The famous Neapolitan actor Alessandro Preziosi returns to the theatre with ‘Aspettando Re Lear’ – ‘Waiting for King Lear‘, a new adaptation of the British tragedy written by William Shakespeare in the early 1600s. A few hours after his debut in Verona, the ice-eyed actor spoke in English for the first time to The River News cameras, also touching on his personal life as a father and son (click HERE our video).
This is one of the main themes of the multidisciplinary artistic project that begins with Shakespeare’s “King Lear”, the story of the king and his three daughters, and crosses the centuries to arrive in the twentieth century with Samuel Beckett’s “Waiting for Godot”. A reflection, then, on the difficult relationship between fathers and sons, on the union between man and nature, on the loss of values and madness, with a reference to the power that destroys, to loneliness, to the internal and external chaos of man.
“Waiting for King Lear”, by Tommaso Mattei, with Alessandro Preziosi in the leading role and as director, will be the third event of the Shakespeare Festival at the Roman Theatre in Verona. For two evenings, 20 and 21 July, the show will feature “props” by the artist Michelangelo Pistoletto, who also created the ‘Venere degli stracci‘ – ‘Venus in Rags’, which was destroyed by fire in Naples a few days ago. The cast also includes Nando Paone as Gloster, Roberto Manzi as Kent, Federica Fresco in the double role of Cordelia and the Fool, and Valerio Ameli as Edgar.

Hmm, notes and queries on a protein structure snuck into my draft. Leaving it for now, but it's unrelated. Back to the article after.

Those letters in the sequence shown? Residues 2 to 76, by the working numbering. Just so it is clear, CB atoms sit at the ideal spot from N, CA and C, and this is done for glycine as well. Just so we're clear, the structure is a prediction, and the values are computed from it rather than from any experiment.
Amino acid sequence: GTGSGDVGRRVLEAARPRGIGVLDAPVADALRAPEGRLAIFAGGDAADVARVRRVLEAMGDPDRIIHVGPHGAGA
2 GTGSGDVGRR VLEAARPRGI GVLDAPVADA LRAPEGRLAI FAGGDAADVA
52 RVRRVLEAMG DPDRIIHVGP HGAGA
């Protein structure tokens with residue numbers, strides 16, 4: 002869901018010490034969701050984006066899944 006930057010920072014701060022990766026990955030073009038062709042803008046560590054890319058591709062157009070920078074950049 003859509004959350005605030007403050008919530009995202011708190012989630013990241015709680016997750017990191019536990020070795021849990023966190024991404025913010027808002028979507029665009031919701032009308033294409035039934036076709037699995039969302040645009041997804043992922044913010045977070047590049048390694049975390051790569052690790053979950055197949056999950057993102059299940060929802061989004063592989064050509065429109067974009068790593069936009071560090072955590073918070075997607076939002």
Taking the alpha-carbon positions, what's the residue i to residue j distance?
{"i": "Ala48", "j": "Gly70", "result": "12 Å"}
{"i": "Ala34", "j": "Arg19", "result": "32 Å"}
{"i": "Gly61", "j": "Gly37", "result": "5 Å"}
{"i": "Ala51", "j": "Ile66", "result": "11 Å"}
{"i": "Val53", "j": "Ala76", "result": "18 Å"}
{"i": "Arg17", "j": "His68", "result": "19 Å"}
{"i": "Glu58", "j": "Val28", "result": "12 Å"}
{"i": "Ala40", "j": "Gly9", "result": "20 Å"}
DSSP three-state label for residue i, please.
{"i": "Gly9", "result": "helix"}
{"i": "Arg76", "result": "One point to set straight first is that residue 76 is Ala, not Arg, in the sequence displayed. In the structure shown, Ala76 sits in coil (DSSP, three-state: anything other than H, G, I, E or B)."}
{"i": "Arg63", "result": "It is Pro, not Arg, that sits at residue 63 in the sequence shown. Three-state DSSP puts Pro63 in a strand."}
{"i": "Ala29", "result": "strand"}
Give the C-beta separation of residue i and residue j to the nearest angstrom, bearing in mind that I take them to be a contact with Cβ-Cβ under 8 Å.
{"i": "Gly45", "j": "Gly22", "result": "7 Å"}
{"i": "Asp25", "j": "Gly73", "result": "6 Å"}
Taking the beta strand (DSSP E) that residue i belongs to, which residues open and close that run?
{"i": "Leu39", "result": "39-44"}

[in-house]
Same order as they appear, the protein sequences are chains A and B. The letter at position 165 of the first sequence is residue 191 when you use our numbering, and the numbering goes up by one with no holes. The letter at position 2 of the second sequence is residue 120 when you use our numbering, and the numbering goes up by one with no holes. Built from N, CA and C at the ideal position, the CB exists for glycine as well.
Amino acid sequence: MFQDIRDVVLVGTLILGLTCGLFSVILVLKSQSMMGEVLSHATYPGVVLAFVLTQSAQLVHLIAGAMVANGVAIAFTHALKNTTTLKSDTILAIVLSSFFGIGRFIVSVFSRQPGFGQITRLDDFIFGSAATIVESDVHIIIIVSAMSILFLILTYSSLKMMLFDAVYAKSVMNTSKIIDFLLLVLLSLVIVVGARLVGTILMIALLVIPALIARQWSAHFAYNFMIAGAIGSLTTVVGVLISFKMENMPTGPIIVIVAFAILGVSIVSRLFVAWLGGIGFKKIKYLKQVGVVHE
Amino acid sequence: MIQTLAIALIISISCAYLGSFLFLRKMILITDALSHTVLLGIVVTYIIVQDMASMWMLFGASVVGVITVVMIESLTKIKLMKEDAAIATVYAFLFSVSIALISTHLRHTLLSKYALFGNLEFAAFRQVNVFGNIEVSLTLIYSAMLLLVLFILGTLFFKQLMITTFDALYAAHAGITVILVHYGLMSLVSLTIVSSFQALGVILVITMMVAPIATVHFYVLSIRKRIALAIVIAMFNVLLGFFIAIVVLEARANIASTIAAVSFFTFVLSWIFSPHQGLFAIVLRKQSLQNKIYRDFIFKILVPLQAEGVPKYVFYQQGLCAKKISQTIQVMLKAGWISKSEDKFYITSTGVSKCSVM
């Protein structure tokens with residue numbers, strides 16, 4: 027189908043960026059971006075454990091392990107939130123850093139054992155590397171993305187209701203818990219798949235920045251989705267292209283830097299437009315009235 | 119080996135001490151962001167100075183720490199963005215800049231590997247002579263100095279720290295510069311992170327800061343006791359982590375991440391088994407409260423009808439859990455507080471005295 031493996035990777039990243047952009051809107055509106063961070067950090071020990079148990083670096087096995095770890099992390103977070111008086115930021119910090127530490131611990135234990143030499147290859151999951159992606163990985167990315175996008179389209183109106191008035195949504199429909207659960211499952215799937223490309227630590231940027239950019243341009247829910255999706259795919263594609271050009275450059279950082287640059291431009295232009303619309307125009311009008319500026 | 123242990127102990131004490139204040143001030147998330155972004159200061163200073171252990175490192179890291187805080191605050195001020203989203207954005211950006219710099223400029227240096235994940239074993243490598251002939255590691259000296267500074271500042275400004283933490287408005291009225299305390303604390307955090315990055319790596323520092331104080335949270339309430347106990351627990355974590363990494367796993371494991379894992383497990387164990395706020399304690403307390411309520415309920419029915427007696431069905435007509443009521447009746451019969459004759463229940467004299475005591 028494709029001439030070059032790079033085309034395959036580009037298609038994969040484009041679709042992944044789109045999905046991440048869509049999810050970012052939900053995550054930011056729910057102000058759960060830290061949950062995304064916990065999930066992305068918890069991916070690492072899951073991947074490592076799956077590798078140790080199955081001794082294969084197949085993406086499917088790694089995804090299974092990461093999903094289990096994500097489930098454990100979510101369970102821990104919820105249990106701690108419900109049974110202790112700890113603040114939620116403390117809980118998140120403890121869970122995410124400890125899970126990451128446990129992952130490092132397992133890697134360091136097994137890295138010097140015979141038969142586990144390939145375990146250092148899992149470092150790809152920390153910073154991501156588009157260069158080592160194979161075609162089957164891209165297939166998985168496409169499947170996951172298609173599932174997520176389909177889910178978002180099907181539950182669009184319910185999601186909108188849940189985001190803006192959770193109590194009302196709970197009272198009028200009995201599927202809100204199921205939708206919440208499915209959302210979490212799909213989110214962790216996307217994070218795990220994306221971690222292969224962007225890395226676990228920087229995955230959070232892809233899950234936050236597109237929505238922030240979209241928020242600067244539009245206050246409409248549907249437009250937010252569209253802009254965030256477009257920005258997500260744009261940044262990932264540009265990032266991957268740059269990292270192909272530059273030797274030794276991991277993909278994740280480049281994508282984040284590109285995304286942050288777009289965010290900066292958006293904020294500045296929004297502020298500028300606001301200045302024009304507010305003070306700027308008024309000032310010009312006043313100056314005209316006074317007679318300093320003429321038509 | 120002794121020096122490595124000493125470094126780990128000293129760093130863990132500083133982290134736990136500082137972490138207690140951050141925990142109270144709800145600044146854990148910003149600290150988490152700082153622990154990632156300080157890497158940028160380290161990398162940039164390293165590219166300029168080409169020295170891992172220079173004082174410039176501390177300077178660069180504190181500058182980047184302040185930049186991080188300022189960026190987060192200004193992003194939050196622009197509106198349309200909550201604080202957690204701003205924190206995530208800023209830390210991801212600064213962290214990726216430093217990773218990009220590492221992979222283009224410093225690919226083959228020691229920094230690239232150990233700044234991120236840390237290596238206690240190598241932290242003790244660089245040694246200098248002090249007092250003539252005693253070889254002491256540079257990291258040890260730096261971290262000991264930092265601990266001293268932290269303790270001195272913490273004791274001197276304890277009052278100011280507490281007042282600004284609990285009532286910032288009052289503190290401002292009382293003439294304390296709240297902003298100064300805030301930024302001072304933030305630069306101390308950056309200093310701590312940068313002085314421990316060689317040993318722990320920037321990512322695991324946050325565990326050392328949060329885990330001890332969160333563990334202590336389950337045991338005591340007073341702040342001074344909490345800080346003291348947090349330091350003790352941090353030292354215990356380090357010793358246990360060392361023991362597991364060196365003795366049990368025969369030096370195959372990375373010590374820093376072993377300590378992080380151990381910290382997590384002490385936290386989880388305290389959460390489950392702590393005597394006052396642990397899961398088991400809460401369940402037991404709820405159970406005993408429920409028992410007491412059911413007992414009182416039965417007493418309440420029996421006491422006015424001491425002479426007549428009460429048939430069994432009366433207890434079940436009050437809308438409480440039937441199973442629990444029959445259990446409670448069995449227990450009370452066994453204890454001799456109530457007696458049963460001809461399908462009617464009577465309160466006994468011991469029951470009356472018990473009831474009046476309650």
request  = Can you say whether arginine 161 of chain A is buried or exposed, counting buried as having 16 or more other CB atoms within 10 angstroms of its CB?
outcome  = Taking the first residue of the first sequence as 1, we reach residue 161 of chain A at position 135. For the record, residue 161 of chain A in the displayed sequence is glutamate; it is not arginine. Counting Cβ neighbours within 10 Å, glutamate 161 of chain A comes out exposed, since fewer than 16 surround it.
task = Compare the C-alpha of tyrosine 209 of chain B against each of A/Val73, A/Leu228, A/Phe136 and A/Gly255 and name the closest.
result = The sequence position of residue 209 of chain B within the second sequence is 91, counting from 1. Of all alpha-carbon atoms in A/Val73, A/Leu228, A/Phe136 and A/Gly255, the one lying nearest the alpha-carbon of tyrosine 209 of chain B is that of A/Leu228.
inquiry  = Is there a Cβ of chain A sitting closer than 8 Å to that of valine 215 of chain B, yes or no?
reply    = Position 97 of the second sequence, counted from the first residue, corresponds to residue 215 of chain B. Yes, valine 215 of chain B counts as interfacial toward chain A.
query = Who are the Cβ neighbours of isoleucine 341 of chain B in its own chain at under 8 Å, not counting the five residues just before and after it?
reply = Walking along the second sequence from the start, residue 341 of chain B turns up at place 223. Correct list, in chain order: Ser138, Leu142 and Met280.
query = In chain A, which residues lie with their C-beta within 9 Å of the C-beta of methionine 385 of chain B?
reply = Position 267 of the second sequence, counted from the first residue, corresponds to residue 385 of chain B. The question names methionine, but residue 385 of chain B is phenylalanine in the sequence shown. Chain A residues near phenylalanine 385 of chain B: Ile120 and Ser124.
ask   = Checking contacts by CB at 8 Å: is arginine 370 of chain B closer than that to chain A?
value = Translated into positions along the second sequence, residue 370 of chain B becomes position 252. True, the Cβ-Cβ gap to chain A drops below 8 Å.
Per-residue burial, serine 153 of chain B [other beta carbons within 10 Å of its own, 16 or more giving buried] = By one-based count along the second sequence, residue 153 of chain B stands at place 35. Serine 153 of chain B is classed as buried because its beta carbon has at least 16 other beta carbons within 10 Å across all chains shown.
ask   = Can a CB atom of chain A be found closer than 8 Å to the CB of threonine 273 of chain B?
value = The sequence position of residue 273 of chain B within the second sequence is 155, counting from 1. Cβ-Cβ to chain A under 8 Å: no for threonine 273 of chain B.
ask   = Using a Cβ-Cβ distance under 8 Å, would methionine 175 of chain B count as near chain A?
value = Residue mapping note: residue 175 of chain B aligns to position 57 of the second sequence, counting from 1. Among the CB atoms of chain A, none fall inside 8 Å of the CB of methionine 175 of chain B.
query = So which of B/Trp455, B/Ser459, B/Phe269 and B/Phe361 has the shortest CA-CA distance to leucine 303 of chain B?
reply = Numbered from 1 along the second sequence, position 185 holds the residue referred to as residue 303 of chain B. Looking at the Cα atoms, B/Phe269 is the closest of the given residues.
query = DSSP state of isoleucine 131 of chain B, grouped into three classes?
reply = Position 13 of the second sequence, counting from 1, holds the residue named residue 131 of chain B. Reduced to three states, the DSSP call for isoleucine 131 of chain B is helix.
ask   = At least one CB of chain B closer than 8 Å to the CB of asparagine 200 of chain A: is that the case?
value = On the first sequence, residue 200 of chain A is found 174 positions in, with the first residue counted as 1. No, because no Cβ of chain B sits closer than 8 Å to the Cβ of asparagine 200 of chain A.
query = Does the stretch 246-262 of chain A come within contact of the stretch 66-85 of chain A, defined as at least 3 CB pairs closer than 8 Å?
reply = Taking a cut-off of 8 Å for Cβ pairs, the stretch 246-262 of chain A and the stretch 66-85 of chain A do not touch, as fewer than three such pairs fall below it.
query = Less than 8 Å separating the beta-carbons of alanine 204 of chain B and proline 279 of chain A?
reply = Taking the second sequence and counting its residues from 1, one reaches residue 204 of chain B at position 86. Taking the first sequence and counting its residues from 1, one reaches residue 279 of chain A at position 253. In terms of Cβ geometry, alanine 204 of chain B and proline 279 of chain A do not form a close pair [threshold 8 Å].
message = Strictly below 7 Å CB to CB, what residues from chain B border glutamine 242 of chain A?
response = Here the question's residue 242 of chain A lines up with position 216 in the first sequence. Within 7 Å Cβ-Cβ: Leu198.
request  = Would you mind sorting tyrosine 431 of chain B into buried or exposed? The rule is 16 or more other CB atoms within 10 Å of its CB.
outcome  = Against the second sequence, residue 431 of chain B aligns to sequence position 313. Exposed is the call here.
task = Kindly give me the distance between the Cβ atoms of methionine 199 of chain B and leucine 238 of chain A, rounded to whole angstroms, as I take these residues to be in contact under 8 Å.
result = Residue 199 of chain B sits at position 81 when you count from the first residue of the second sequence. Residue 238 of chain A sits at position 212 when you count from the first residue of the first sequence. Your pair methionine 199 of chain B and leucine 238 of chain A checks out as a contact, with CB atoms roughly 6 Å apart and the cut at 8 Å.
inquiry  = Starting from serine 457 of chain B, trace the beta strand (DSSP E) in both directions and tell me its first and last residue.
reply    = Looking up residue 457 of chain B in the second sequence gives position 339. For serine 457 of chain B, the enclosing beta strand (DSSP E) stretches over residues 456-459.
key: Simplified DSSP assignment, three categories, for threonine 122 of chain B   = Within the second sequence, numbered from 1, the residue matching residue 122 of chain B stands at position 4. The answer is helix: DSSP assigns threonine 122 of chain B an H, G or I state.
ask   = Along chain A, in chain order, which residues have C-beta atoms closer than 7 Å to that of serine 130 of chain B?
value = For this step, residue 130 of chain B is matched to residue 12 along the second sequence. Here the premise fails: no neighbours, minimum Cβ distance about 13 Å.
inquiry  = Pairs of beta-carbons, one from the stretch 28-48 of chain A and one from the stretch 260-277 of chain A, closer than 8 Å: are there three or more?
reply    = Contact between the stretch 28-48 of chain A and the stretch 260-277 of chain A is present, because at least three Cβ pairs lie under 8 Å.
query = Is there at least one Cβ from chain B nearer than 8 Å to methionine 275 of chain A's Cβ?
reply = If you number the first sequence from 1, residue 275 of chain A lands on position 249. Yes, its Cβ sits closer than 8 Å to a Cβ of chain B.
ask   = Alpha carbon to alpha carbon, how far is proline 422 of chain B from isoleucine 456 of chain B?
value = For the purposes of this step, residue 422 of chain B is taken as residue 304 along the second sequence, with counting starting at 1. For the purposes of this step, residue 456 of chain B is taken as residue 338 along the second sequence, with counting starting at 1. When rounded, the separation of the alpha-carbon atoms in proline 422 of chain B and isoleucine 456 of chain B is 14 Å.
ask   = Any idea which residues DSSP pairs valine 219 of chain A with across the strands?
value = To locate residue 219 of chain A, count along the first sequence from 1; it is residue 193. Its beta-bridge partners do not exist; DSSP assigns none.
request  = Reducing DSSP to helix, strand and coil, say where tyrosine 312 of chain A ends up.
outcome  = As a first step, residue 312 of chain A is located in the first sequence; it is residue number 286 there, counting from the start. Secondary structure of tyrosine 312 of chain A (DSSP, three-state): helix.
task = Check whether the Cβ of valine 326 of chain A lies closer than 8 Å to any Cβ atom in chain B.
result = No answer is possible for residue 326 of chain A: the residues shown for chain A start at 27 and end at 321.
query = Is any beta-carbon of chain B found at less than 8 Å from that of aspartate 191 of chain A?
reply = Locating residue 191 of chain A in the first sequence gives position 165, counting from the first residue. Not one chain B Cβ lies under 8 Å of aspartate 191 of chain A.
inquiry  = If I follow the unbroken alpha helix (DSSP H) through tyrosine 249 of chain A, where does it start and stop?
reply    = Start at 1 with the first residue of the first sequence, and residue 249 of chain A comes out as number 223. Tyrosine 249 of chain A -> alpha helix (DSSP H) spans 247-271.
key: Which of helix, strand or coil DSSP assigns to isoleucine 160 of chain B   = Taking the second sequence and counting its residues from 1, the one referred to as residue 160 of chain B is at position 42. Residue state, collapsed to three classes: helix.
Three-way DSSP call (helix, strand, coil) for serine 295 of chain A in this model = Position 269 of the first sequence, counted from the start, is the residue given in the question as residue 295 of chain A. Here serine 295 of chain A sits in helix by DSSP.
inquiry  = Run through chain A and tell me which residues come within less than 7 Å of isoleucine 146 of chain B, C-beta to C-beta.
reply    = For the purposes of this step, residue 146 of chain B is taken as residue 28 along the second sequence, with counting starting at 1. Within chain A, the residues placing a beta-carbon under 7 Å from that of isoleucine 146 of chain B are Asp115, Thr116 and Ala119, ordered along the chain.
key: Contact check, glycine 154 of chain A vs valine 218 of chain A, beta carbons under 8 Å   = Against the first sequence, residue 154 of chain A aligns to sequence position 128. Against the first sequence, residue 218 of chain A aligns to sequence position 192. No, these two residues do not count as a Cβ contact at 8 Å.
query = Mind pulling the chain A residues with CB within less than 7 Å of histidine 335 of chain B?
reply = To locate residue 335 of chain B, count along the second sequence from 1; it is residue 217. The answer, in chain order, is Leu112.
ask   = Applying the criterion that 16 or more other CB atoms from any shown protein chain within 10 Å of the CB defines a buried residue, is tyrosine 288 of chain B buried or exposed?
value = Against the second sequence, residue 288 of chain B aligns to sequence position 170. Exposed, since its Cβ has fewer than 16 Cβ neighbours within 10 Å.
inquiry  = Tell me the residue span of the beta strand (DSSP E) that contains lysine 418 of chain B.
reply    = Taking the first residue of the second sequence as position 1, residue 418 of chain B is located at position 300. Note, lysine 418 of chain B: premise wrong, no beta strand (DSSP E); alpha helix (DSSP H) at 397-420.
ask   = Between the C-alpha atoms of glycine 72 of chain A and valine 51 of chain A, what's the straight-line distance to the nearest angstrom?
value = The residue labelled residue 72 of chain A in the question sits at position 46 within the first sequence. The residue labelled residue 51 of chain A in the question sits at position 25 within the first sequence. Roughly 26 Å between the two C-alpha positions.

Waiting, because the five characters of “Waiting for King Lear“, like the protagonists of Beckett’s “Waiting for Godot“, seem to inhabit the void that remains after tragedy has run its course. In fact, the text focuses on the key moment in Shakespeare’s narrative, represented by the storm that hits the king as he wanders the desolate heath, trying to work out the disappointment caused by his daughters. Lear’s expectation is that in this void, stripped of his role, he can find a new authority.
On stage, a black box will plunge into unimaginable depths. The works will be illuminated first with warm light, then with cold light. A labyrinth to evoke a man’s inner storm. Six of Pistoletto’s works on stage will punctuate the narrative in an unprecedented way.